Last year, 1978, the movie 2001: A SPACE ODYSSEY was re-released to celebrate its tenth anniversary. It made the rounds with a new 70 mm print and soundtrack. I saw it six times over six Saturdays at the Town Cinema in the city. It was thrilling and baffling. I was starting to get the hang of it after the fourth time.
The scene where Dave and Frank sit in the pod with the audio feeds switched off so they can discuss their concerns about HAL’s apparent erratic behaviour (not knowing that HAL can read lips), comes to me forcefully as I sit with Dad in the front seat of Dad’s car, which is parked in front of the motel room door, with its peep-hole at eye-level. I look at the peep-hole and imagine HAL behind it, watching Dad and me talking, worried that we’re going to disconnect him. I worry, too, about Mum looking out at us, wondering what Dad’s saying–doing to me. Should she be worried. Should I be worried? I’m more afraid right now than I’ve been in a long time. It stirs me inside, where I’ve not had time to eat anything. I can feel my stomach trying to consume itself, eating nervously, the way you’d guts a bag of popcorn at the pictures if you were watching a scary movie. Because you’re worried. You don’t know if you’re getting out of this car alive.
It was a mad scramble to get ready and out here to the car in five minutes. Even as I threw myself and my empty bag into the passenger seat, Dad sat there with my notebook and his yellow disposable lighter, and the lighter was lit, with a tall yellow tongue of flame. “I’m here, I’m here, God, all right, for God’s sake!” I said, before I realised Dad was playing, having a laugh at my expense. This was Dad’s idea of “lightening the tone”, having a laugh when things were a bit tense. I was in no mood for it. I wanted my book back.
Dad smirked around his current cigarette and snapped off his lighter. He dropped it in his shirt pocket. That left him with the notebook, flipping through it this way and that, skimming pages. He took his fag out of his mouth, and with his free hand rubbed his unshaven face. He looked terrible, as if he hadn’t slept, and I realised he may not have. But if he hadn’t slept he must have seen Future Bastard, but it seemed like he hadn’t. I was confused, more than usual.
One thing, though: he looked like shit, but now he just looked sad and thoughtful. He didn’t look angry. He didn’t look so mischievous, either. “Interesting read, son,” he said, out of nowhere, looking out his side window. I said nothing. I knew Dad’s moods could bounce any way at all, like a football. He went to hand the book back to me, and I blinked, moved to grab it, but he pulled it back before I’d even properly grasped what was going on. He flashed shark-like teeth.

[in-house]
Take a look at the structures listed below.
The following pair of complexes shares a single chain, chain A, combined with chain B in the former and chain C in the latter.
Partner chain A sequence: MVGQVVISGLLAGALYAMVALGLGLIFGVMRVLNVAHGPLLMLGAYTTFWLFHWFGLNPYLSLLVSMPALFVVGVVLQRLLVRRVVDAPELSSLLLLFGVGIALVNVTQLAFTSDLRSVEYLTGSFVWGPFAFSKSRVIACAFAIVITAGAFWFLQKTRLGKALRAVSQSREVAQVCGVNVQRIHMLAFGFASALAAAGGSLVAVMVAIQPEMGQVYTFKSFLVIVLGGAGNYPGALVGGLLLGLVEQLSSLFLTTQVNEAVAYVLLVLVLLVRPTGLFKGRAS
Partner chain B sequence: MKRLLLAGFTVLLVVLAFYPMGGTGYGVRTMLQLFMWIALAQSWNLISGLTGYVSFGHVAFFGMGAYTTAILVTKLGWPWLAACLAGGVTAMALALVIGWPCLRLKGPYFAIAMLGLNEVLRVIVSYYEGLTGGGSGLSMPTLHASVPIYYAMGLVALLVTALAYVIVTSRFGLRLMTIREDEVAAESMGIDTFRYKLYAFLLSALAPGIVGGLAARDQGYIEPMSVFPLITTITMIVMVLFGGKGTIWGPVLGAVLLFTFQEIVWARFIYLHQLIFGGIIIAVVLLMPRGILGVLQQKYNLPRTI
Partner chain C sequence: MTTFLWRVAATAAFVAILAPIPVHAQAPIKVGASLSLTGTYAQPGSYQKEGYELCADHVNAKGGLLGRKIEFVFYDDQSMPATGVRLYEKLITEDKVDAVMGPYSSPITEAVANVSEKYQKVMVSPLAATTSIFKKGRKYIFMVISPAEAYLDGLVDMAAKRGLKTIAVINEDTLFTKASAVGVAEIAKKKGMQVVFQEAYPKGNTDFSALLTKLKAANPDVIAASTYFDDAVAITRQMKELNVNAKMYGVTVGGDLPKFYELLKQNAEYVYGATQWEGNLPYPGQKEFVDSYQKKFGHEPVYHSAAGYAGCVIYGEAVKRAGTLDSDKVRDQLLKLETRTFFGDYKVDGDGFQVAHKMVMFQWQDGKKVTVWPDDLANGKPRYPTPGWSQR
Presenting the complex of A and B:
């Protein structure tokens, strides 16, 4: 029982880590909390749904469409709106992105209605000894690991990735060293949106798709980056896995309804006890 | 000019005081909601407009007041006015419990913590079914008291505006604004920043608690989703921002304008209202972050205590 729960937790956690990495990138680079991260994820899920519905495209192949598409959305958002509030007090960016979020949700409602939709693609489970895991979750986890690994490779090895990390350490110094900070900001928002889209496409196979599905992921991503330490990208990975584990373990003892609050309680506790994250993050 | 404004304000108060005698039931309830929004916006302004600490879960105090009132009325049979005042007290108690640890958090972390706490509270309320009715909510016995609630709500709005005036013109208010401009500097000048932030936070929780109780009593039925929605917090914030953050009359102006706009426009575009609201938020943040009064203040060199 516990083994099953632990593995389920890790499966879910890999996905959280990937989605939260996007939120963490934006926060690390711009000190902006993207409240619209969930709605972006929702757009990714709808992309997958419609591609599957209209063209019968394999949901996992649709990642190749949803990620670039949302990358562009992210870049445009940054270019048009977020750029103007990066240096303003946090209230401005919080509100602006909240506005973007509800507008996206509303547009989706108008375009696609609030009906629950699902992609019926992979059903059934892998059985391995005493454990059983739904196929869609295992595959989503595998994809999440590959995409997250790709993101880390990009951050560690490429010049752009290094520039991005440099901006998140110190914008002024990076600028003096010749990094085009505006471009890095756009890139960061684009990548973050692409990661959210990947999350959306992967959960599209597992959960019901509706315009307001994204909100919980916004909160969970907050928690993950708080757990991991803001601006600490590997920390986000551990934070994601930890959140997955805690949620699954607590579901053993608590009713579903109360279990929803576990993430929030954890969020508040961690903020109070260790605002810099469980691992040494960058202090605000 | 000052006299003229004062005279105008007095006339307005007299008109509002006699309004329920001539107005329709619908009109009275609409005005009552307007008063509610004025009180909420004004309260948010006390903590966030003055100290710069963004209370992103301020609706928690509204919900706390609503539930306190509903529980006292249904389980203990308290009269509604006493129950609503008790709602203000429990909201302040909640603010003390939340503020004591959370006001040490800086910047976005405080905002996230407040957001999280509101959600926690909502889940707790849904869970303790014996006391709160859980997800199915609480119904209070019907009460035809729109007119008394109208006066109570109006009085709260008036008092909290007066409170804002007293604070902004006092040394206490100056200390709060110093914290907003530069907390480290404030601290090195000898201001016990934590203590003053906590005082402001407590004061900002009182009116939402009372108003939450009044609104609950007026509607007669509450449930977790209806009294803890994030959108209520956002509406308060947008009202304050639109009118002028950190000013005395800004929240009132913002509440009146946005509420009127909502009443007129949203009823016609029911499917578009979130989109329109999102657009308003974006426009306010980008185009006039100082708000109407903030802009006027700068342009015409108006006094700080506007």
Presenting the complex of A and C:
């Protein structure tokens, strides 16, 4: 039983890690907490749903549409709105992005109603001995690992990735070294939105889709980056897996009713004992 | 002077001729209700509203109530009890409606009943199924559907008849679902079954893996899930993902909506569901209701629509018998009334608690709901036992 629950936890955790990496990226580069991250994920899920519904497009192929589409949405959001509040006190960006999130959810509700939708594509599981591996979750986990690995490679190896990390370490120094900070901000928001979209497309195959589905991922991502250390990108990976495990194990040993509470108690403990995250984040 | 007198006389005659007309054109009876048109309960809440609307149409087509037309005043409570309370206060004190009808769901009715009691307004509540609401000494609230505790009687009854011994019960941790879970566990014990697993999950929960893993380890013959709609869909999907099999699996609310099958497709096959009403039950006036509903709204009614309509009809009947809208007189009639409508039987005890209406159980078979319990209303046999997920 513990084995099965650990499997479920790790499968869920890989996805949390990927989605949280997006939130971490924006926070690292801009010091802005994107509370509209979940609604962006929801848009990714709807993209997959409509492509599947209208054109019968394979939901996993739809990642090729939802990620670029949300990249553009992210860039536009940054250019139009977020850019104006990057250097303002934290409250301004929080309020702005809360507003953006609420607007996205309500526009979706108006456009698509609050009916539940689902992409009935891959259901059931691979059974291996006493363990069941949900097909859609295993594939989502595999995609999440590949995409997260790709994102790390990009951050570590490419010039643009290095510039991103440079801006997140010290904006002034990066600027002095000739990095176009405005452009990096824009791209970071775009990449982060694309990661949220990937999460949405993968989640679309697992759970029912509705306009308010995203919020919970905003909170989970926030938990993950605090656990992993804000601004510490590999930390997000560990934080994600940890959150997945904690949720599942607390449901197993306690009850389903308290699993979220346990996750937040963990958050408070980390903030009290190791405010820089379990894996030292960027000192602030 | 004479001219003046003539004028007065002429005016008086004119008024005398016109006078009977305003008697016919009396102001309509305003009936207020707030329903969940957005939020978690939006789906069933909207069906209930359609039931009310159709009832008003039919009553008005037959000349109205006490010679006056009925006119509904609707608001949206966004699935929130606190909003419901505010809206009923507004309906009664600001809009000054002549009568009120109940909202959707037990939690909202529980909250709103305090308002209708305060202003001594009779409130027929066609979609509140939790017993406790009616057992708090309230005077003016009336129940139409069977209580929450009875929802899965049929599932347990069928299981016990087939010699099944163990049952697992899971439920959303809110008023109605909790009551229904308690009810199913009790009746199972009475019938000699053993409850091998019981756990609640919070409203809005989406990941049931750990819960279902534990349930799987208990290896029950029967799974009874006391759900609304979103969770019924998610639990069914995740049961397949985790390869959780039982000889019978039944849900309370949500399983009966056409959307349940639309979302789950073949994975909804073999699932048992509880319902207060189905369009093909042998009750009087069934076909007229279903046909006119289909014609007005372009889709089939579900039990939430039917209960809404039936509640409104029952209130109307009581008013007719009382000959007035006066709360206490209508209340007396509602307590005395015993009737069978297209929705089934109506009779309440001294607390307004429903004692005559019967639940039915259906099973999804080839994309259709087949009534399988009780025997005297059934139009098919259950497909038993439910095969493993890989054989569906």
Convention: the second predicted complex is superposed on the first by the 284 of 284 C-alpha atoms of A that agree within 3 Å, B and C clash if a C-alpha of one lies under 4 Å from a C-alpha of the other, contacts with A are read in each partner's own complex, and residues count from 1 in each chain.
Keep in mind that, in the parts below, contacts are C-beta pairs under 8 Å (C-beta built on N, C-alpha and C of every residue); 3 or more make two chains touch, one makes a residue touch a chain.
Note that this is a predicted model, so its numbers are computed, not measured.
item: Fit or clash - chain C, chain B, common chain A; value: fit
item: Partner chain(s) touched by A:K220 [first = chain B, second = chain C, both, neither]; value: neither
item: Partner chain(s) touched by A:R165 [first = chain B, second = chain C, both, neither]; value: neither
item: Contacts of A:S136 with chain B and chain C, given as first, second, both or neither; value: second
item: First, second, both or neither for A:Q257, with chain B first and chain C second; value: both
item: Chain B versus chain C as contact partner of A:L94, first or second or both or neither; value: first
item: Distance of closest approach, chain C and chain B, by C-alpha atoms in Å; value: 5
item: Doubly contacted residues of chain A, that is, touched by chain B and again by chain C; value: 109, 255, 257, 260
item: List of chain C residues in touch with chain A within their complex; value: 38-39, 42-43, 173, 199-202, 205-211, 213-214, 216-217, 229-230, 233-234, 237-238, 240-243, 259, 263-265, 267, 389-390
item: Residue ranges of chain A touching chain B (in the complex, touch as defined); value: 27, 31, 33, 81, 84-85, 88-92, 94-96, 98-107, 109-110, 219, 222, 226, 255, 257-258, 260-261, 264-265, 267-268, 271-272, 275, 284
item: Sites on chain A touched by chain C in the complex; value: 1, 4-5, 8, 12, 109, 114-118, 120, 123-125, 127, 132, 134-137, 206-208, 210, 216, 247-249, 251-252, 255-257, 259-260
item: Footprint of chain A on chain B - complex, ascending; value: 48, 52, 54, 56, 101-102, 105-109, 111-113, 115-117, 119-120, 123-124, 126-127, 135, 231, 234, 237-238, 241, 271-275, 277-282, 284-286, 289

“I did read it all. I read the whole thing.” His voice had slowed right down. He was wringing and strangling the steering wheel again. Tendons jumped and popped along his forearms. I had a powerful sense of a man at war with something only he could see or hear. “I read it all, and. There’s something I need. I NEED you. To UNDERSTAND, son.” The notebook was in his lap now. I could just take it, but I dared not. I hardly dared breathe. These changes came over him so fast, so overwhelmingly. I once read the story of Jeckyll and Hyde. I never had any trouble believing it, the way a man could be host to two such opposing or mutually hostile natures. At war with himself, or at least with forces only he perceived.
So I sat and waited. I needed a piss, but I couldn’t move. Dad started beating his fists against the steering wheel, again and again, so hard, so often, I thought he would draw blood–from the steering wheel! Again and again he hit it, his face torn up, his breathing ragged, until finally he slumped against it, exhausted, gulping air, staring at me, covering his screwed-up eyes. After a moment, he looked at me, unable to speak, but gestured that he needed something to write with, like a biro.
I looked in my bag, and found a Parker ballpoint.
He took it, and grabbed my notebook. His hands hurt, and he gasped, putting them to work, and winced, and swore, and bit his lip in great pain. He turned to the final page in the book, still blank, and turned the book upside-down, to make this last page a first page. It was hard, after what he did to the steering wheel, to hold the pen, but he managed, glancing at me, his face so expressive, a world trying to speak to me across an unbridgeable abyss of only about one metre, and one generation. He began to write, hiding his words, leaning the book against the abused wheel, frequently crossing out, but persisting.
He wrote quite a bit. I thought it would be just a few words, if that. Dad had never struck me as a man of words, of books, who might know his way around a pen. But look! He was hunched over, secretive, in pain, writing out of desperate, urgent need, while he could.
I couldn’t wait to see what he was saying.
Then, some time later, he was done. He looked acutely embarrassed, a snail wanting to retreat into its shell, retracting its sensitive eye-stalks. Even light was too much to bear. He crossed his arms, and folded in half as much as he could. He tried to fumble his way through lighting a cigarette, but succeeded only in spilling them all over the floor on his side of the car, and he swore purple rage as he hunched down trying to retrieve them all. When I sat, stunned and useless like a mooncalf, he shouted at me and pointed at the book. “Well, go on. I didn’t do that for me bloody health, now did I?” He carried on the search and rescue operation.